The Globe Immanuel Lutheran Church confirmation class of June 28, 1953, consisted of Jo Ann Grap, Arthur Stiemke, Arlene Thoma, Maynard Klueckmann, Byrl Strangfeld, Mardene Worchel and Ronald Ziegler.


The Neillsville Athletics baseball team suffered their first Cloverbelt loss of the season Sunday when they dropped an 8-4 decision at Stratford; but, despite this defeat, they notched the first-half championship on their belts.


Sunday’s tilt gave the A’s an even 2-2 break in four games in the last week. Tuesday night they made a track met out of their fairgrounds date with Chippewa Falls, ending up with a 17-7 victory. DuWayne Rollins, a converted outfielder, chucked three innings, gave up one hit and received credit for the win.


Lawn Mower Clearance at Gambles store in Neillsville; Hand mowers, only $8; Power Mowers, demos, reduced up to $35.


Gaier’s Hatchery has moved into larger quarters, now located one block south of its former location, on Corner of Fifth & West Streets, one block west of First National Bank, in Neillsville.   


Strawberry Social will be held at Pleasant Ridge Methodist Church, Thurs. June 25, at 7 - 10 p.m.  Menu includes Ice Cream, Strawberries, Cake, Barbeque Sandwiches, and Coffee & Pop. 


Red Owl Agency Store Specials! Bake a Cake for Father’s Day; Duncan Hines Cake Mixes, 3 varieties, 3 - 19 oz. pkgs $1; Watermelon, each $1.19; Catsup, 14 oz. 2 for 29’; Big Bologna, 43’ lb.; Sausage Kielbasa 65’ lb.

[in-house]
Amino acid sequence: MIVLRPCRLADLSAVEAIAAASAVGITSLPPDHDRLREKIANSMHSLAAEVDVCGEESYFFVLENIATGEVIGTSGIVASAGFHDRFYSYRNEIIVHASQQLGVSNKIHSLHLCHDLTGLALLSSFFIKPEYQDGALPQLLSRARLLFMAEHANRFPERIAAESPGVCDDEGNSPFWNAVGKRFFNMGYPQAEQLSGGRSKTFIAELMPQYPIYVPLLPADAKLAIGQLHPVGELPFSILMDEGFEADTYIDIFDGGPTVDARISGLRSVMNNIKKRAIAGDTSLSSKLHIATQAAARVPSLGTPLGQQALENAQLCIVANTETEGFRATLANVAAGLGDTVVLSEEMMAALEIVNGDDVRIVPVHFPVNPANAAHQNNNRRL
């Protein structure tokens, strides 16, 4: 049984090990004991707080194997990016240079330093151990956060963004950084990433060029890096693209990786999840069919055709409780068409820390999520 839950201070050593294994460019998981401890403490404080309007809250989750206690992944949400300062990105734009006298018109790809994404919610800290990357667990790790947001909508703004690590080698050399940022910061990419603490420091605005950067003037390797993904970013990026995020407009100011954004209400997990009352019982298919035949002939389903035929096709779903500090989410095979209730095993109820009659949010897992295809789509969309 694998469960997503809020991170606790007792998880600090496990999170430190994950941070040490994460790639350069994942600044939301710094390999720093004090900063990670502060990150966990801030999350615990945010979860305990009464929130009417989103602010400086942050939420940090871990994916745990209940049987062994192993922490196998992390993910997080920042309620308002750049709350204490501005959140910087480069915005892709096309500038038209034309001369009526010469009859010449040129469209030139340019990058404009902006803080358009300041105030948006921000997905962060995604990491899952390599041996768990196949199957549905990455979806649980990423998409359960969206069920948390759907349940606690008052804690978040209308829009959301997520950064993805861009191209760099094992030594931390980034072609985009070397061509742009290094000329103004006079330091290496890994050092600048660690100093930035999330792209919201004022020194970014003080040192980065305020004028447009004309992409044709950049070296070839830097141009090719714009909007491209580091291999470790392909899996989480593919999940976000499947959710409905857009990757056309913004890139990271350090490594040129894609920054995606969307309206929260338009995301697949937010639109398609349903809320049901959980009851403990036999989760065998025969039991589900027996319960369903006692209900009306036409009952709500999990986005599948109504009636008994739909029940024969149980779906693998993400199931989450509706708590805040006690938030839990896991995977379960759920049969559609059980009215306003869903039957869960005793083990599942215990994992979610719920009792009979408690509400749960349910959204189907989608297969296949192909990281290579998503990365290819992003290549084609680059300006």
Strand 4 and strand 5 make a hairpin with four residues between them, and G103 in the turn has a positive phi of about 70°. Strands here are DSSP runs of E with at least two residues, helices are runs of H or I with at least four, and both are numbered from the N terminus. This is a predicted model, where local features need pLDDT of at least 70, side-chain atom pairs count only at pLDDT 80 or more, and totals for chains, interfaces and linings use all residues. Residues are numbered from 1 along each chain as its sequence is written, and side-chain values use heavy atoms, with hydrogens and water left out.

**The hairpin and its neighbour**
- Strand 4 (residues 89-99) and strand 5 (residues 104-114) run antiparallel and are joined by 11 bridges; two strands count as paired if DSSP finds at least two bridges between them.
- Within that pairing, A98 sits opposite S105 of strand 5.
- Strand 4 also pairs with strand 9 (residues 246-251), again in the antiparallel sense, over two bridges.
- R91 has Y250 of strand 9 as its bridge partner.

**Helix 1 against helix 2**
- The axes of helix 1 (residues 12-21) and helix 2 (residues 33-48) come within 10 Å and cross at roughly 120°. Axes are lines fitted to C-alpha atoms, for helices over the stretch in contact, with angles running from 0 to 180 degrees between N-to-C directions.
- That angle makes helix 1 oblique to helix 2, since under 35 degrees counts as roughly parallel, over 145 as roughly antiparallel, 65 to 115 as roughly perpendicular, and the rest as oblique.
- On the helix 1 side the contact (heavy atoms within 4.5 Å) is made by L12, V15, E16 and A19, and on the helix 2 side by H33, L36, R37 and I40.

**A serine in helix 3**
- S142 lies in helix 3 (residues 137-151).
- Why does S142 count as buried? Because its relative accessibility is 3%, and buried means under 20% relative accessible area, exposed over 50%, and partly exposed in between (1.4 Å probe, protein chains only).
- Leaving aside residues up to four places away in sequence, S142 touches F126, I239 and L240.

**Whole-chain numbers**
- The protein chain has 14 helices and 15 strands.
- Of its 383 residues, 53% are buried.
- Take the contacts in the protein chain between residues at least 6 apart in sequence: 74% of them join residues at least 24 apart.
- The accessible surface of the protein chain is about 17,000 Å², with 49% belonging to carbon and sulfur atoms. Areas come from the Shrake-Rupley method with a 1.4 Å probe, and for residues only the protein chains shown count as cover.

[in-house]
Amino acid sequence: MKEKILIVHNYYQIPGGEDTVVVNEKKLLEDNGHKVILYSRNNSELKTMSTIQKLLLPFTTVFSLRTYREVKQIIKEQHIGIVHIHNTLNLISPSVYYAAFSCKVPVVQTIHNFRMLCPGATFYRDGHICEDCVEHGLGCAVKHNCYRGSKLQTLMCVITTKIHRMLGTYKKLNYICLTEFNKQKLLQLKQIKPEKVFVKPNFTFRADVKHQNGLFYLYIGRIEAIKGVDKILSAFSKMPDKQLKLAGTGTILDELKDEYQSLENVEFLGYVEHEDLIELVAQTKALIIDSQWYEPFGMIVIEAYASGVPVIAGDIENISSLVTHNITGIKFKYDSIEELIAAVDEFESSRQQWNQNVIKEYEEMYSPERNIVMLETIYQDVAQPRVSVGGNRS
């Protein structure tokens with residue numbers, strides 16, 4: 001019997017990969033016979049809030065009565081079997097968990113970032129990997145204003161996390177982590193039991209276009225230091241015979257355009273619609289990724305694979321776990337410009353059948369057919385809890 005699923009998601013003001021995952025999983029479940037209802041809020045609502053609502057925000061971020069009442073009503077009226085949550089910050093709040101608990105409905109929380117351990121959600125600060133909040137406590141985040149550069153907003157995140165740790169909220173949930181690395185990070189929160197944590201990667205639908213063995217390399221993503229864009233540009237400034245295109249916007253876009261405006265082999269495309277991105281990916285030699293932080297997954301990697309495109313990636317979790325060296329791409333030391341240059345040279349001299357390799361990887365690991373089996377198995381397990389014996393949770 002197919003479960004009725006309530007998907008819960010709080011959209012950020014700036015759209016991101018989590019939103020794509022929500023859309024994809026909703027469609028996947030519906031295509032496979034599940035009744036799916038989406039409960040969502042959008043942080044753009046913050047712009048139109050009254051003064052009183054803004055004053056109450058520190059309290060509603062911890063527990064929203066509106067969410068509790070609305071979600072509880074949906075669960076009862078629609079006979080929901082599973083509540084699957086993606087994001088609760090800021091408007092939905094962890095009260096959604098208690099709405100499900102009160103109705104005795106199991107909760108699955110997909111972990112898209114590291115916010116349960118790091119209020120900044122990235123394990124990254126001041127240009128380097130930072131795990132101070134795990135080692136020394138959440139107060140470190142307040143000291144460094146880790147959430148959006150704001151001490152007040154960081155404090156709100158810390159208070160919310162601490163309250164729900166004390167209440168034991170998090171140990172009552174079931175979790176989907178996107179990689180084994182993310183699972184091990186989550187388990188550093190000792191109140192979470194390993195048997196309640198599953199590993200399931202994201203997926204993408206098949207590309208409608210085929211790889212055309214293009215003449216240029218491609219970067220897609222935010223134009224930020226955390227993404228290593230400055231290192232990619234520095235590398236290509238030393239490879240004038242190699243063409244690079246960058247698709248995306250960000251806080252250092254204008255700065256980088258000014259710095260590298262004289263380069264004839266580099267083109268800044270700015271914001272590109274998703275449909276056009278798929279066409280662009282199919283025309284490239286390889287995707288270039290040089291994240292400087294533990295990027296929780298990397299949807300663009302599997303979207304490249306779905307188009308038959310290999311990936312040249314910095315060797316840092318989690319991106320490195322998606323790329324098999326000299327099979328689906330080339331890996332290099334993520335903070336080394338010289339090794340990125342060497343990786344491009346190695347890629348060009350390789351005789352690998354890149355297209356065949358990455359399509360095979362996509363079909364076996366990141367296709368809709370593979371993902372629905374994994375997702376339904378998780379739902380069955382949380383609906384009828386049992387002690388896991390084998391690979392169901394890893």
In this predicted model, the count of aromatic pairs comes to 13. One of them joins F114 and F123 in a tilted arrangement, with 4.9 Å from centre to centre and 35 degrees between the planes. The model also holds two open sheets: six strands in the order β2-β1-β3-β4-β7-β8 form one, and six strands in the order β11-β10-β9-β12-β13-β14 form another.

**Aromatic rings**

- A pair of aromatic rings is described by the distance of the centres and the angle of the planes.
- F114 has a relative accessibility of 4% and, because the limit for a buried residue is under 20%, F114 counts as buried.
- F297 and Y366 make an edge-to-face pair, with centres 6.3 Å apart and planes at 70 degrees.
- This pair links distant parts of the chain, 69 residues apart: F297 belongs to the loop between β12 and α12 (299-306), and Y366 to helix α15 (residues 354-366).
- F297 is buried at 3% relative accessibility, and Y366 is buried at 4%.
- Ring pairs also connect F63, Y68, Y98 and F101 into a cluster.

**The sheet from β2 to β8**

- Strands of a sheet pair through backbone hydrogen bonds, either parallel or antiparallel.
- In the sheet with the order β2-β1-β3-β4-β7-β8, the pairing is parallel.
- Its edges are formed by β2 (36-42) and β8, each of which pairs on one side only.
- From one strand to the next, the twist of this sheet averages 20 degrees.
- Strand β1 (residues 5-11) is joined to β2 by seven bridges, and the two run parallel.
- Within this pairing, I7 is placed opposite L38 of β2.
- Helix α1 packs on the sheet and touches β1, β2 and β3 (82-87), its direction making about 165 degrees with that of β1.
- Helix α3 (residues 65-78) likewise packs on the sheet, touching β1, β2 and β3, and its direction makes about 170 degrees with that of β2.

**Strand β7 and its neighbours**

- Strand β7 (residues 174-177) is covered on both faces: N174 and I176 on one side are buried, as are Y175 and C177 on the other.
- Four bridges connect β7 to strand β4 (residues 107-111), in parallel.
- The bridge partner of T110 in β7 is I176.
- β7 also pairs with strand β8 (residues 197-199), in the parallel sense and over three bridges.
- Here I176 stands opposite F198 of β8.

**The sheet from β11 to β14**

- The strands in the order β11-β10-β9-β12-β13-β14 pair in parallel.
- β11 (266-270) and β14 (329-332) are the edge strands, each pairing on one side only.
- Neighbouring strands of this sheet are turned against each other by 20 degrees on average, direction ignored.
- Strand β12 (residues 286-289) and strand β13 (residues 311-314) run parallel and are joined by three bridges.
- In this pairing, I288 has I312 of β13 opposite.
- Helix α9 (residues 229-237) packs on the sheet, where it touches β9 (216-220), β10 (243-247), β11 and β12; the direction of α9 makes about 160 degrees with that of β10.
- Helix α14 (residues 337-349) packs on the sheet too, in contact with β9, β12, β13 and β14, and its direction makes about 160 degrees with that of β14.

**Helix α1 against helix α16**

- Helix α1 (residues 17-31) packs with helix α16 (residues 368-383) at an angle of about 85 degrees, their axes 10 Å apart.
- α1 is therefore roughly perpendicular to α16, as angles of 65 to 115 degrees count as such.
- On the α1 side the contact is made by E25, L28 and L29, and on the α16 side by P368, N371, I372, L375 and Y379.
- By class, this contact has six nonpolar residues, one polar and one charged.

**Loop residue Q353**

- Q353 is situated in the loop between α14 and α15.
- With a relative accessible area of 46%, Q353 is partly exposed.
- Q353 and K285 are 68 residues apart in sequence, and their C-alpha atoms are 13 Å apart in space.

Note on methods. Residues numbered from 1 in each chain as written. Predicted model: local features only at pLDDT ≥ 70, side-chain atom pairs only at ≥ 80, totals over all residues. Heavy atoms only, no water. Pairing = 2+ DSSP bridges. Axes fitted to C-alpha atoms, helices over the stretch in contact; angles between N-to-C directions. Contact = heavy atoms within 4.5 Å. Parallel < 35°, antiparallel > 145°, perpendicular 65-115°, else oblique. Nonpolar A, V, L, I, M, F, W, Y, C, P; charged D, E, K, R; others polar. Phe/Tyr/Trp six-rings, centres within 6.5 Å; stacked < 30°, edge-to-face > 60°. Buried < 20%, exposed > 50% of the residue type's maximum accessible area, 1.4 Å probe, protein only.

Globe area news:

Mr. and Mrs. Herbert Henchen and daughter were honored with a housewarming on Sunday evening at their new home, where they moved just recently. Their guests included M. and Mrs. Herman and Louis Dux, Mr. and Mrs. Frank and John Thoma, August and Grandfather Meyer, Mr. and Mrs. Hugo Klauer, Mr. and Mrs. Teddy Kuester and family, Mr. and Mrs. Arnold Henchen and daughter, and Mr. and Mr. Leo Henchen and family. A fine lunch was served.  





© Every submission is protected by the Digital Millennium Copyright Act of 1998.


Show your appreciation of this freely provided information by not copying it to any other site without our permission.


Become a Clark County History Buff


Report Broken Links

A site created and maintained by the Clark County History Buffs
and supported by your generous donations.


Webmasters: Leon Konieczny, Tanya Paschke,

Janet & Stan Schwarze, James W. Sternitzky,

Crystal Wendt & Al Wessel